The Sunday Recital Series at Mary Baldwin College is set to continue at 3 p.m. on November 17 in Francis Auditorium, as clarinetist Mark Gallagher takes the stage with pianist Lise Keiter. They have planned a delightful and varied program, which explores works ranging from the 18th to the 20th centuries.
“Audiences will find the program both educational and extremely accessible, as it shows off the unique colors the clarinet and piano can create,” Gallagher said. “The pieces we have chosen highlight the classical music traditions of Germany and England, and this particular program contrasts the more standard clarinet repertoire of noted German composers with lighter, less well-known English works.”
The duo will present the serene Six Studies in English Folk-Song by Ralph Vaughan Williams. Originally written for cello and piano, these lovely pieces have been embraced by nearly every instrument. “They sound especially beautiful on the clarinet,” Keiter said. Another featured English work is the lively Sonatina for Clarinet and Piano by 20th-century composer Malcolm Arnold. Arnold was well-known as a composer of film and theatre music, and this appealing piece displays his charming, energetic style. The audience will also get to see and hear some extended techniques for both instruments in short works by Alban Berg (Four Pieces, op. 5) and Sutermeister (Capriccio for Unaccompanied Clarinet). And rounding out the program are the popular and Romantic Fantasiestucke of Robert Schumann, as well as an opera aria transcription by Mozart.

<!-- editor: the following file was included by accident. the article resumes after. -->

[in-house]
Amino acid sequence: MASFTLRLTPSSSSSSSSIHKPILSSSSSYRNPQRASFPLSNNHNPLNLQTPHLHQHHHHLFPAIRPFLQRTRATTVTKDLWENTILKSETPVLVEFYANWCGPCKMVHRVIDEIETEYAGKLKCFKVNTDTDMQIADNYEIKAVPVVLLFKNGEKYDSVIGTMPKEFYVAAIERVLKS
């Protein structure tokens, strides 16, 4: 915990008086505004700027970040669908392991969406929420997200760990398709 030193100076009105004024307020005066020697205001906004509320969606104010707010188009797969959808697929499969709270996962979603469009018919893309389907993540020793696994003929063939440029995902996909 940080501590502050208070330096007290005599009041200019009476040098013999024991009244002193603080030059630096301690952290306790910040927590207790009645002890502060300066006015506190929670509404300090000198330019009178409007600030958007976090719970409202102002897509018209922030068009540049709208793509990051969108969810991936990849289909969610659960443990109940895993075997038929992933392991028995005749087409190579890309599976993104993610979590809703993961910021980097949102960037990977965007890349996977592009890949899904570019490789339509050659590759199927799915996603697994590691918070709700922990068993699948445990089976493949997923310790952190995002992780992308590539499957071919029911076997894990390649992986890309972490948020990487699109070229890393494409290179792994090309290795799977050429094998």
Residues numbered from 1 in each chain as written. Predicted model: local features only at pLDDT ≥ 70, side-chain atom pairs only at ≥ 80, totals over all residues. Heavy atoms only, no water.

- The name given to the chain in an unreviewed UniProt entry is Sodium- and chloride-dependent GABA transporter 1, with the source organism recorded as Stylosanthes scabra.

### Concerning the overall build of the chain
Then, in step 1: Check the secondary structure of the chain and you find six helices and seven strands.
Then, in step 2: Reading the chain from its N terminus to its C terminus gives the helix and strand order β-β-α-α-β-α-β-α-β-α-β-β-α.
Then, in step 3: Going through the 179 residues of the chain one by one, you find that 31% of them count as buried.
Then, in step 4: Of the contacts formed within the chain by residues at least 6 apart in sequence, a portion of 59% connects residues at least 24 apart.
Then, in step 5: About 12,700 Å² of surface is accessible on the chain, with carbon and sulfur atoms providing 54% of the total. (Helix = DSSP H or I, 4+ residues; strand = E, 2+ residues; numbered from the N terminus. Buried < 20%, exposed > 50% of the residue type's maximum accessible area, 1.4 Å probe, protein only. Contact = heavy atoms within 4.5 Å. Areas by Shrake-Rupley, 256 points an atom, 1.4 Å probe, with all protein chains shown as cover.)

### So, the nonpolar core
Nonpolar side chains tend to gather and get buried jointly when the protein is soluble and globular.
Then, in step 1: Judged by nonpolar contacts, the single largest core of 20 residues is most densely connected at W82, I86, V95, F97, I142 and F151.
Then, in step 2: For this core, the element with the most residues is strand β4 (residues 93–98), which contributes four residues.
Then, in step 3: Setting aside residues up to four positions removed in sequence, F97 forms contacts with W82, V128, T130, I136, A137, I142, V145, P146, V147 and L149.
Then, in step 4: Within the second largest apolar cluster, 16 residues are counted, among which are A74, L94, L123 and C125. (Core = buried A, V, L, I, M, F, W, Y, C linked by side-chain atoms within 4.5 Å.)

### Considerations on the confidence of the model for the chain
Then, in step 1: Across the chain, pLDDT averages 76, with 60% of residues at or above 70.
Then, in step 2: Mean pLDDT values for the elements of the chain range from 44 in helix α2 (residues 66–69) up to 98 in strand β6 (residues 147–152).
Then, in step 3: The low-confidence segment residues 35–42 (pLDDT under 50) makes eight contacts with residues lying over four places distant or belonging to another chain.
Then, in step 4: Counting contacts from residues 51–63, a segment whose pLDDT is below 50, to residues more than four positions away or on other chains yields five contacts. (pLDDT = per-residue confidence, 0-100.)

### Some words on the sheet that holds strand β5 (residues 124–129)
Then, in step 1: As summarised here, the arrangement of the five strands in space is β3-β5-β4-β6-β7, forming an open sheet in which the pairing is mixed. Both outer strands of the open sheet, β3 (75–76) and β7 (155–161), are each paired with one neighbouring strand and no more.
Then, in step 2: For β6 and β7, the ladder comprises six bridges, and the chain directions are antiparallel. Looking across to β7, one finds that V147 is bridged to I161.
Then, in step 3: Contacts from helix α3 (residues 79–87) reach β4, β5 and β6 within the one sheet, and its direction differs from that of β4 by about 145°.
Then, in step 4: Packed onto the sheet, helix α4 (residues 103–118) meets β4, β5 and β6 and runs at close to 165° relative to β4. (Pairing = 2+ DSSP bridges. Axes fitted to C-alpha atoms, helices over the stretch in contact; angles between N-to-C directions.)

Gallagher describes Mozart as one of his favorite composers. “The aria from Don Giovanni is very special because it highlights the closeness of the clarinet sound to the human voice, Mozart’s love for the clarinet, and my past experiences playing so many operas in my career,” he said.
An extremely versatile musician, Gallagher has performed throughout the United States and Europe, including a recent concert tour of the Netherlands. Other performances include appearances in New York, Washington, Boston, Chicago, and San Francisco, as well as concert tours in France, Germany, Italy, Scandinavia, Scotland, and China. He has also performed with such ensembles as the Washington Contemporary Music Forum, Musique Vivante de Paris, the United States Navy Band, the Milwaukee Symphony Orchestra, the Washington Opera, and the New York City Ballet Orchestra.
In addition to a busy performance schedule, Gallagher is an active teacher and clinician, frequently lecturing on occupational health issues for musicians and the Alexander Technique. He is presently associate professor of clarinet at Frostburg State University and has held faculty positions at the University of Wisconsin-Milwaukee and Carroll College.
Keiter has performed throughout the United States and in Europe, maintaining a very active schedule as a soloist, chamber musician, and soloist with orchestra. Her latest concert engagements have taken her to Illinois, Wisconsin, North Carolina, Idaho, West Virginia, Maryland, and throughout Virginia. In February 2014, she will be the featured concerto soloist with the Waynesboro Symphony, in a special concert featuring music of women composers. She is on the faculty at Mary Baldwin College, where she currently serves as music department chair. She is also in demand as a guest lecturer and masterclass clinician and maintains a studio of high school students, who have included many competition winners.
All Sunday Recitals are at 3 p.m. in Francis Auditorium, in the Pearce Science Center on the Mary Baldwin College campus. Tickets may be purchased at the door and are $5 for the general public and $4 for seniors and students. (MBC students attend free of charge.) For more information call 540-887-7294 or visit www.mbc.edu/arts/musicatmbc.